- The Washington Times - Tuesday, December 7, 1999

Readiness then…

 A series of official inquiries between 1941 to 1946 blamed Adm. H.E. Kimmel, commander-in-chief of the U.S. fleet, and Gen. Walter Short, commander of the Army Hawaiian Department, for a lack of readiness during the Japanese attack on Pearl Harbor.

Though neither officer was ever officially charged with wrongdoing, both were relieved of their commands and ultimately retired at the lower ranks of rear admiral and major general.

According to the Naval Historical Foundation in Washington, they were apparently the only officers who served in World War II who were not retired at the highest rank they held.

Today, on this 58th anniversary of the Pearl Harbor attack, the actions of both officers will be the focus of a colloquium, beginning at 9 a.m. at the U.S. Navy Memorial’s Naval Heritage Center auditorium. These questions will be posed:

c Were national and military leaders too quick to render judgment?

c Were Adm. Kimmel and Gen. Short responsible to some degree for the disaster, or were they made scapegoats in the rush to hold someone accountable?

c Were there failures at higher levels of the chain of command in Washington?

Not that these questions weren’t raised before. Congress several times has considered exonerating Adm. Kimmel and posthumously advancing him to his former rank. And there have been no less than nine reviews of Adm. Kimmel’s and Gen. Short’s demotions, including one at the Pentagon in 1995 that found responsibility for Pearl Harbor “should be broadly shared.”

However, the Pentagon concluded that Adm. Kimmel and Gen. Short were commanders of Pearl Harbor and “as commanders, they were accountable.”

Adm. James L. Holloway III, chairman of the Navy Historical Foundation, says today’s objective will be to examine both Navy command accountability and the American sense of justice and fair play as they relate to the commanders.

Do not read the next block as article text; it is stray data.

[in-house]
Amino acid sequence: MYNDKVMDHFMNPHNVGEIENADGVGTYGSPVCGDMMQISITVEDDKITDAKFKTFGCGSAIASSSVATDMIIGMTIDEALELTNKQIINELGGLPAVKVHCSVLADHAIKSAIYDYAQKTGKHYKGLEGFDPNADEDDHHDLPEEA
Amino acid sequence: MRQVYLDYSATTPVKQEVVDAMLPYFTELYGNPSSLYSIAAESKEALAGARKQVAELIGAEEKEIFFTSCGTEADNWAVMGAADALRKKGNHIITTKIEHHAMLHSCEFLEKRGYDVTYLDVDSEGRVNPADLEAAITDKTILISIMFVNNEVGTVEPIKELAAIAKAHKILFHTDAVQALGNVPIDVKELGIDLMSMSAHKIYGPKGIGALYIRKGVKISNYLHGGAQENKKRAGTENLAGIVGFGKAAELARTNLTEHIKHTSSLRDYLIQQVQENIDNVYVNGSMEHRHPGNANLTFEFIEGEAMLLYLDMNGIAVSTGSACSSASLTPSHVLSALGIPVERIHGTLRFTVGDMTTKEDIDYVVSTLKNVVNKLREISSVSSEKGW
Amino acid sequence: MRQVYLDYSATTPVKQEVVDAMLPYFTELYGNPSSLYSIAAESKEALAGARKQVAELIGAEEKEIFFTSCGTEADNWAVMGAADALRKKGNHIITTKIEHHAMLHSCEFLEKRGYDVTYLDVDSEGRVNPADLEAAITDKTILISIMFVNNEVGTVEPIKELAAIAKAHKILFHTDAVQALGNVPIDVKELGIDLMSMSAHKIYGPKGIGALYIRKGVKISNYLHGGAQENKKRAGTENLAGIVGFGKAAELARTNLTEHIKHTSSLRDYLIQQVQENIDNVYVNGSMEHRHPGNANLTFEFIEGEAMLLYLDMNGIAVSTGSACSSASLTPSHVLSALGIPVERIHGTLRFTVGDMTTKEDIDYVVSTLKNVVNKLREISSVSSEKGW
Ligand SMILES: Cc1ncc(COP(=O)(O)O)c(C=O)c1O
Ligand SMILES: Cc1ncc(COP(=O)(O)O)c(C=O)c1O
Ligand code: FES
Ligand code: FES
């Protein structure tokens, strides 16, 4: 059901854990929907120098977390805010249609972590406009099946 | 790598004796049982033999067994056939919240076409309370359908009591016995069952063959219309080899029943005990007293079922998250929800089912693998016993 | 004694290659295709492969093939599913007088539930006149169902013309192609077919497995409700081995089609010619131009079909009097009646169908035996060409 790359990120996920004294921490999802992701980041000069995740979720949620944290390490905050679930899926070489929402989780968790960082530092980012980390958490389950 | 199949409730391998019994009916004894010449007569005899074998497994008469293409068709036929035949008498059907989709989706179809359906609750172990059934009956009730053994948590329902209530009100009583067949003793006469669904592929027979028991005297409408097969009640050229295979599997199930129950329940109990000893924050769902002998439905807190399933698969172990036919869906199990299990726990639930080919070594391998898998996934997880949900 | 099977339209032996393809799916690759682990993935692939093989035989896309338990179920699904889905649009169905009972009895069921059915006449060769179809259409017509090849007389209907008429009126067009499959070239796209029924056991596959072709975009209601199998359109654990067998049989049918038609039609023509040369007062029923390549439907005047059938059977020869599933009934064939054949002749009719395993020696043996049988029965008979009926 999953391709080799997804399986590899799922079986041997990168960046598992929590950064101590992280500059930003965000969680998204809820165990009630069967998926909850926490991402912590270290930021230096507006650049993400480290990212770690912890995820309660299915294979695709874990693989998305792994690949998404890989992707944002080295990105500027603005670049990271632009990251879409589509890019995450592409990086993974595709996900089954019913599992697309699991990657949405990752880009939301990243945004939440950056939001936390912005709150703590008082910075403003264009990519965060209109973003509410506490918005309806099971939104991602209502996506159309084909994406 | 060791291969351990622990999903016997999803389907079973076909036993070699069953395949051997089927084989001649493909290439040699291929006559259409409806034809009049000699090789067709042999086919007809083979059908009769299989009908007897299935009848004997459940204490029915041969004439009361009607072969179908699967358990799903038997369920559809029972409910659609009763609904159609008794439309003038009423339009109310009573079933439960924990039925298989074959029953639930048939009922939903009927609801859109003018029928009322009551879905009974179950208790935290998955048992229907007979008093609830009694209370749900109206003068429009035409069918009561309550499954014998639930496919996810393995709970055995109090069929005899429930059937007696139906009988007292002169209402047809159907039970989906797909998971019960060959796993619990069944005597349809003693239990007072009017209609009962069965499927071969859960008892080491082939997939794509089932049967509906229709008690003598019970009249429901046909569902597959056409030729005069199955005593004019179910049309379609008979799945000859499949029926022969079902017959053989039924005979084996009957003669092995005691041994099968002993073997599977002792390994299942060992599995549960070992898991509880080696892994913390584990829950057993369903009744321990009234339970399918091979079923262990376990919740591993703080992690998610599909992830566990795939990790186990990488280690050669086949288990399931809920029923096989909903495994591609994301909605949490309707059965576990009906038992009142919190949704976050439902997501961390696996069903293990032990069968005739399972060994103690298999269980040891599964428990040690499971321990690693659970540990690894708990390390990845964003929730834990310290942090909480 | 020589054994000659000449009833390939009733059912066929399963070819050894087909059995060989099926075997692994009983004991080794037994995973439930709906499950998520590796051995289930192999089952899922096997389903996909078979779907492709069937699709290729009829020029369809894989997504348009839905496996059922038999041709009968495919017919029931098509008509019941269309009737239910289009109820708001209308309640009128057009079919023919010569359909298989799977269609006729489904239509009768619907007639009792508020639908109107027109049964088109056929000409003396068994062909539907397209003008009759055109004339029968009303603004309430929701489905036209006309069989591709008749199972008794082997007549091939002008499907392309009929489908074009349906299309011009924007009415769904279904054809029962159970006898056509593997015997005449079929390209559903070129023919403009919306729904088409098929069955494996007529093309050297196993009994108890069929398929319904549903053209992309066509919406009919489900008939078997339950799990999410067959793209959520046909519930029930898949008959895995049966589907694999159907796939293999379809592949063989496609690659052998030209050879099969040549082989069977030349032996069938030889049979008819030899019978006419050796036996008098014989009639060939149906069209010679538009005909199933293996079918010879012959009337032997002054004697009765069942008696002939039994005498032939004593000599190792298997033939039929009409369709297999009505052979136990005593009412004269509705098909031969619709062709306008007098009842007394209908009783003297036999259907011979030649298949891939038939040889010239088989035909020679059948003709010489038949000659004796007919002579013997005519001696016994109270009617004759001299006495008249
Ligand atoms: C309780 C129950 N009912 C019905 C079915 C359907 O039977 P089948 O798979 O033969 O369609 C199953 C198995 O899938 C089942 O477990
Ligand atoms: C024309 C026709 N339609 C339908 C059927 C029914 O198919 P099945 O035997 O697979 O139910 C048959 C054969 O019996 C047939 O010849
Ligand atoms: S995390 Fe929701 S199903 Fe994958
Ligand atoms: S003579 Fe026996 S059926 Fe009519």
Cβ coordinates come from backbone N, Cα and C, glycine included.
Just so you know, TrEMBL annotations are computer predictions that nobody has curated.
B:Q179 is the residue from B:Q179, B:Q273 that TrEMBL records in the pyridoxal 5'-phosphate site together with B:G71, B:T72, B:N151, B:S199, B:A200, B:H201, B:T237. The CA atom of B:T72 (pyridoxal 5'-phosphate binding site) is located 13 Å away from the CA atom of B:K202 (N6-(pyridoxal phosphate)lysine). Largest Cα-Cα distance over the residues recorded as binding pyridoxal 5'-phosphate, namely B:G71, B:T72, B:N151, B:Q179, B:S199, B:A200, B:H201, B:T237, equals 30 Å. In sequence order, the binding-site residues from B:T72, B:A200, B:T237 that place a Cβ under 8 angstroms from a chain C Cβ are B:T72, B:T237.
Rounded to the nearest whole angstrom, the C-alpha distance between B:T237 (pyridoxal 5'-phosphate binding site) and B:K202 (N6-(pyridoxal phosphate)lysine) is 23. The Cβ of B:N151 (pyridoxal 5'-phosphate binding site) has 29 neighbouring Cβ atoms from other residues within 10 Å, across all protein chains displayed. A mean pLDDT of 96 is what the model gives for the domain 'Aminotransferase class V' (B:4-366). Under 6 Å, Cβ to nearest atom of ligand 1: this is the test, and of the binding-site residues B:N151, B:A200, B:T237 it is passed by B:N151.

…and readiness now

;When the United States pulls out of Panama next week under the Carter-Torrijos treaties of 1977, the Chinese will move in.

And while President Clinton and Vice President Al Gore won’t be on hand to greet them, Howard Phillips and Larry Klayman will.

“We’re heading down … to fill the void in the absence of President Bill Clinton,” Mr. Phillips, presidential candidate of the newly named Constitution Party (formerly the U.S. Taxpayers Party), tells Inside the Beltway.

Joining him for a news conference in Panama City Dec. 14 the official day of the Panama Canal hand-over will be Mr. Klayman, chief counsel for Judicial Watch and a persistent thorn in Mr. Clinton’s side.

For the next half-century, Panama has granted Hong Kong-based Hutchison Whampoa Ltd. the rights to control the 50-mile-long canal’s Pacific port facilities in Balboa and its Atlantic port facilities in Cristobal.

Mr. Phillips knows from recent history that much can occur in the world during such a lengthy span. He wants the U.S. military presence restored in Panama, a proposal the Clinton administration declined to consider in 1995.

“The canal is more important to us now than ever before,” says Mr. Phillips. “Our ability to rapidly transfer ships between the Atlantic and Pacific is essential.”

At a bare minimum, he says, U.S. intelligence must be vigilant in the region.

“There’s no way to monitor or control what comes in those [ship] containers,” he says. “I’ve been told that if one lock is blown up it will take two to three years to get the canal functioning again.”

Can’t win

“Whose Line Is It Anyway?” the television show hosted by Drew Carey, requires comedians to act out skits and create punch lines extemporaneously, based on themes and situations proposed by the audience.

One theme last week was “Political Slogans Doomed to Fail.”

Given the recent escapades of our commander in chief, most of the comedians went for sexual content. But a black comedian went for substance, and in doing so brought the house down.

When his turn came to offer a spontaneous political slogan doomed to fail, he simply walked up to the podium and said, “Hi, I’m Jesse Jackson.”

Can’t win